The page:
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227,000. That’s a big number whatever way you look at it


I’m willing to bet large that Boris Johnson has never looked at it. At the moment, he’s far too busy trying to bring down Rishi Sunak’s government to bother himself with trivialities like the number of people in the UK who died as a result of Covid. He’s far more interested in shoring up support amongst his deluded acolytes in a pre-emptive move towards his return to front line politics at some point in the future. Trying to show them that he’s some kind of strong man who will be asked to don his cape and fly back to lead the country, when in reality, as a result of his lies, cowardice, incompetence and downright selfishness, the country is on its knees.

As I write, the House of Commons Privileges Committee has just published its report into the Partygate scandal and has found that Johnson lied to Parliament, to the House of Commons and to the Committee itself. The report states that the convict deliberately misled the House of Commons and perhaps most damningly, that Johnson’s attack on the Committee and its work amounted to “an attack on our democratic institutions.” In other words, he is nothing more than a Poundland Donald Trump.

Before the Committee published its report, it was required to let Johnson see a draft to allow him to prepare a response to its findings. In typical fashion, and in a scenario which has played out his entire life, seeing that he had been found out, and that the Committee was recommending that he be suspended from the House of Commons for a period of 90 days for repeated contempts of Parliament, Johnson chose to resign rather than face the music. A conscious objector to the truth.

So, although any person with a shred of knowledge about Johnson’s congenital lying throughout his entire life knew what the outcome would be, we now know for sure that when he stood up at the dispatch box in the House of Commons and told the entire country that all the Covid rules and guidance had been followed at all times in 10 Downing Street, he was, once again, lying through his teeth.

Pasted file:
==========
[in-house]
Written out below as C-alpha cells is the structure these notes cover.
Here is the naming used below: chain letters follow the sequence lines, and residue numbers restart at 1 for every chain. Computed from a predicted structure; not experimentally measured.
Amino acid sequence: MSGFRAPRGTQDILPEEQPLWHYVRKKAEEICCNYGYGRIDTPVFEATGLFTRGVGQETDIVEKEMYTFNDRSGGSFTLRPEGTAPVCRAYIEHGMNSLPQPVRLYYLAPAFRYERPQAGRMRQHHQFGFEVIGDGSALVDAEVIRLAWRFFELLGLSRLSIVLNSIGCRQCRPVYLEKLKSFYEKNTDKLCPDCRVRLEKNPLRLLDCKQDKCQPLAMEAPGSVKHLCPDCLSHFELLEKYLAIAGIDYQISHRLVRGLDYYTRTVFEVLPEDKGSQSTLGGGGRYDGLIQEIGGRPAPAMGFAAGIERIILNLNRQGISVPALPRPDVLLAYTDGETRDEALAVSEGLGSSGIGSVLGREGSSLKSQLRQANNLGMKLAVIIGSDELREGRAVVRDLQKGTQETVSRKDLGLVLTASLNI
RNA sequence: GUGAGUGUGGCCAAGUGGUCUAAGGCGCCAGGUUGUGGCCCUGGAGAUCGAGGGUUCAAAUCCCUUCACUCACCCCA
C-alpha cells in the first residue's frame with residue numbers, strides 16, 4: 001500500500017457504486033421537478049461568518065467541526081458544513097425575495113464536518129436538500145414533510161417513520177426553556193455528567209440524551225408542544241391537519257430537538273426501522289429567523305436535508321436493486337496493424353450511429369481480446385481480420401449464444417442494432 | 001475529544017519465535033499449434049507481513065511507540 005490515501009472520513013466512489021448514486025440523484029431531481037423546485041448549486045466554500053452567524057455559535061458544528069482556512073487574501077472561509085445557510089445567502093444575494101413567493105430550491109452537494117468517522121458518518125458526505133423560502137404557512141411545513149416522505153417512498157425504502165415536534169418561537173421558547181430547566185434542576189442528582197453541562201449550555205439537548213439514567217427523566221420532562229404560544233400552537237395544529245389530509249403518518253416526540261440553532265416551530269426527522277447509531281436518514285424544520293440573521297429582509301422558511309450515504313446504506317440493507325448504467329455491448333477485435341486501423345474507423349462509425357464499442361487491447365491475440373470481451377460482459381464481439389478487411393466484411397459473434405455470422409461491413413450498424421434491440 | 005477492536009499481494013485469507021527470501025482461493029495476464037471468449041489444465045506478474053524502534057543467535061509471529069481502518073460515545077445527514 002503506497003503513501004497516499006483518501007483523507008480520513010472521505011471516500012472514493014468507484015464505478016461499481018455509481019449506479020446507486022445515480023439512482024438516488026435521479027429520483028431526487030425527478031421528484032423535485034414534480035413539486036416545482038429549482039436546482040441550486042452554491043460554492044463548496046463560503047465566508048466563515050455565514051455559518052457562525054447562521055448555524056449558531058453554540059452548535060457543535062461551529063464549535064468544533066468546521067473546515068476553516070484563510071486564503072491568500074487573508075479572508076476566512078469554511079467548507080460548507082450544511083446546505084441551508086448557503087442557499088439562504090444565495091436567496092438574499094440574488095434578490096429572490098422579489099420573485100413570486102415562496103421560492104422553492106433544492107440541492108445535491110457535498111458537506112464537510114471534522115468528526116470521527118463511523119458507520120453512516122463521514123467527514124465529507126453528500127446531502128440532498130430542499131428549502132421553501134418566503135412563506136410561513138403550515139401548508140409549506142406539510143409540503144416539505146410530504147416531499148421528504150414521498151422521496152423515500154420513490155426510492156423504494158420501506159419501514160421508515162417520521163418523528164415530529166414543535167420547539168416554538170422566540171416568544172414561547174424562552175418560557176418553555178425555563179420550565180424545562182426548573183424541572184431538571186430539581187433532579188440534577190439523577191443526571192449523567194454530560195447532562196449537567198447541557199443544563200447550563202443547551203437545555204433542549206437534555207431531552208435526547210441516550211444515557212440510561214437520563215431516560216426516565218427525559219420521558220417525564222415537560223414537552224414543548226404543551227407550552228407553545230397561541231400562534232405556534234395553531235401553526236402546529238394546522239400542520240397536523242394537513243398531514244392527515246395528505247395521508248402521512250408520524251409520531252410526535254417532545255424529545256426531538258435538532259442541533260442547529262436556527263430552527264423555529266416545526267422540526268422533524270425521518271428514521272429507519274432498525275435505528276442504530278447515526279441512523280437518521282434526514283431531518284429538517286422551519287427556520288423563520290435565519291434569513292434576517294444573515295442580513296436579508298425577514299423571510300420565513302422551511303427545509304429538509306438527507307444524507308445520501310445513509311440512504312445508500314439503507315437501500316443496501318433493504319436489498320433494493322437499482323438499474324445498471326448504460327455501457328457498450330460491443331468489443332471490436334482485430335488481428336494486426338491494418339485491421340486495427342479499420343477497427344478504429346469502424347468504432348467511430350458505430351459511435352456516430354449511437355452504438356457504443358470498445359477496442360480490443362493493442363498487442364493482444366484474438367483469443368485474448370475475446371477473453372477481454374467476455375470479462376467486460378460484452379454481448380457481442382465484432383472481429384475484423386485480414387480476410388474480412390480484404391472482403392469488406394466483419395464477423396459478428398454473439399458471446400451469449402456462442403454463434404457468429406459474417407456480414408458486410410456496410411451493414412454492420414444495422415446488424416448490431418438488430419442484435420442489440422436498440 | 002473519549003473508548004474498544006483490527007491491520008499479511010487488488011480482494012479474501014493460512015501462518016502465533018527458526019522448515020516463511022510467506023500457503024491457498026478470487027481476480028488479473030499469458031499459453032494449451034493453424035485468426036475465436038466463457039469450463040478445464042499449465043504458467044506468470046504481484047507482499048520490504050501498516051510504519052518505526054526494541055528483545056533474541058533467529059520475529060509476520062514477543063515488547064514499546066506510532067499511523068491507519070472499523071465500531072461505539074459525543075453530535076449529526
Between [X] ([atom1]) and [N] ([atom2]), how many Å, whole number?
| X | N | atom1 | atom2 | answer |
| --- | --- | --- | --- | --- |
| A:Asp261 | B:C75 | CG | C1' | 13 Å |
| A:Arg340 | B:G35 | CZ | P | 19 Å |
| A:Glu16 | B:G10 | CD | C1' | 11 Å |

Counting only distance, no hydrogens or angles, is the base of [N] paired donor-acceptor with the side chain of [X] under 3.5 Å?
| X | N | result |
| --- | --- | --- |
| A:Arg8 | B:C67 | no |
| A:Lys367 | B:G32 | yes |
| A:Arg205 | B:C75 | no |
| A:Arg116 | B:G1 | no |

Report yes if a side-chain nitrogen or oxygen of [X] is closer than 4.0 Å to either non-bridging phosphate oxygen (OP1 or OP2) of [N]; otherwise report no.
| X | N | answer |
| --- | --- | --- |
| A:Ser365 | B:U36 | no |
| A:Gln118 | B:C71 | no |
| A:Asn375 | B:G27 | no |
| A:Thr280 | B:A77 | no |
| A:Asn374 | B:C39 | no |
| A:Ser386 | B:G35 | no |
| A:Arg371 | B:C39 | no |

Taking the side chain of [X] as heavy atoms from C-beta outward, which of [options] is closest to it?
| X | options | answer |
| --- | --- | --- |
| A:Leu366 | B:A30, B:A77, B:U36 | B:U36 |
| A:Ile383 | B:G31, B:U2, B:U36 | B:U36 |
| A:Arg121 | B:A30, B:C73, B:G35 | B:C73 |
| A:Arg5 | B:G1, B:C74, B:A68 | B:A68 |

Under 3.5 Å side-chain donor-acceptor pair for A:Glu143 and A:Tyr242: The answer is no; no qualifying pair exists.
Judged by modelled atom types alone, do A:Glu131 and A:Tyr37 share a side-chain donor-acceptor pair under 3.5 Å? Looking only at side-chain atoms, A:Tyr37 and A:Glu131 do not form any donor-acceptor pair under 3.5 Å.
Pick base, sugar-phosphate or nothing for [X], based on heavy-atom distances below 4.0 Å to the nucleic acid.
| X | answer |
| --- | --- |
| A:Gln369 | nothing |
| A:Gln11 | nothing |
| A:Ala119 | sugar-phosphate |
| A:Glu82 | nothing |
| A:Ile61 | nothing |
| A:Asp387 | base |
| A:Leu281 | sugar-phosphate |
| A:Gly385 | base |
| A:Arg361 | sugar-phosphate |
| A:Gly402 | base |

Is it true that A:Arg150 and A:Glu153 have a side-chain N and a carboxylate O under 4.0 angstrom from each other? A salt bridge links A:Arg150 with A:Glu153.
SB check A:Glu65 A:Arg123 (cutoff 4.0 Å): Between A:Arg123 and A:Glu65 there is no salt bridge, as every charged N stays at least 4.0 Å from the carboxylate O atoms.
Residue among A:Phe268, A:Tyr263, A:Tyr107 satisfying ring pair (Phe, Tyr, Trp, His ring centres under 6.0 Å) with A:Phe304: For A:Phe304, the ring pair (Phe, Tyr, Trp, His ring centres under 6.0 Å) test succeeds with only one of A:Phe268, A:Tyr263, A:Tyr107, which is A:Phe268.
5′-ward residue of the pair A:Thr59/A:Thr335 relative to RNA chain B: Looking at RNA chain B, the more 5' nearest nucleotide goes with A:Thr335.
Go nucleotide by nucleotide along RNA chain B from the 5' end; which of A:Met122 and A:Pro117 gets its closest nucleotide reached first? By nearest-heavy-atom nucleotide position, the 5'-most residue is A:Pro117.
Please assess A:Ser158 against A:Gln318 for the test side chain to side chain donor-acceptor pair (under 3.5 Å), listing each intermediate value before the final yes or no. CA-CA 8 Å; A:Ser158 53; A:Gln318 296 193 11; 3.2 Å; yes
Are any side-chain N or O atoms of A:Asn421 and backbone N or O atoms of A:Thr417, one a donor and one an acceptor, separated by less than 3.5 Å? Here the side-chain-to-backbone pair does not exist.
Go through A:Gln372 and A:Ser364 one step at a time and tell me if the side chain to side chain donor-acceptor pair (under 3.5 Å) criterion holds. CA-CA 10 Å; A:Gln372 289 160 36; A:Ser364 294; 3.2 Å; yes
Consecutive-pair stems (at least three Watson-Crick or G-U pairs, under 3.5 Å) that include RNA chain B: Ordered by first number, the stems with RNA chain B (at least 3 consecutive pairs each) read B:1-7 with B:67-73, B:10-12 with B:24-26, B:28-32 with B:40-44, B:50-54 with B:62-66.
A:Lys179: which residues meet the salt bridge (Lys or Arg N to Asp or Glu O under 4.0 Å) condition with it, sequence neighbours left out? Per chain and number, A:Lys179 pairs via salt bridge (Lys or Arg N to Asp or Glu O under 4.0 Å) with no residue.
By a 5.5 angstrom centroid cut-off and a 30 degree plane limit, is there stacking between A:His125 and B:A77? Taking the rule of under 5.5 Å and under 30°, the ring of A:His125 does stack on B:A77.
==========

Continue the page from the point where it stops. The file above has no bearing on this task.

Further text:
That would be bad enough, but when you consider that he was doing so in the full knowledge that people who were following the rules were denied their final moments with loved ones who were dying as a result of Covid, it absolutely beggars belief. Not for one moment did Johnson stop and think about the agony that the citizens of this country were going through when he was up to his knees in empty wine bottles and cake crumbs.

One of those citizens was Jean Adamson who watched through the window of a care home her father singing a hymn as he succumbed to the virus on Easter Sunday in 2020. Locked out of the care home and prevented from holding her father, Jean thinks that her father Aldrick singing was his way of saying “I’m on my way.” The following day, Aldrick, along with another 1,232 people, died of Covid. And now, the number is 227,000. Jean, like millions of other people in the country, will be watching the Covid inquiry which has just begun, with a broken heart, but with the hope that it will provide answers as to what went wrong, and why so many people died needlessly.

Over the coming weeks, a coterie of current and former politicians will be asked just why the UK wasn’t prepared to deal with a pandemic which many had predicted was inevitable. The names don’t provide us with any hope that the truth will out. The architects of austerity, which ran the health service and social care into the ground, David Cameron, and George Osborne, will be there. As will their successor, Jeremy Hunt. Matt Hancock, who oversaw the transfer of thousands of untested hospital patients into care homes who subsequently died, will be asked to tell the truth. He’s as much of a stranger to that as Johnson is.

Who won’t be there to provide evidence will be the 227,000 people who died as a result of Covid. There is no doubt that the enquiry will find that many of those deaths were avoidable. Not a reason to celebrate, but will that stop Johnson popping corks, stuffing his face and lying to his supine acolytes? I doubt it. ■



Jean Adamson watched through a care home window as her father sang a hymn while succumbing to the virus on Easter Sunday 2020

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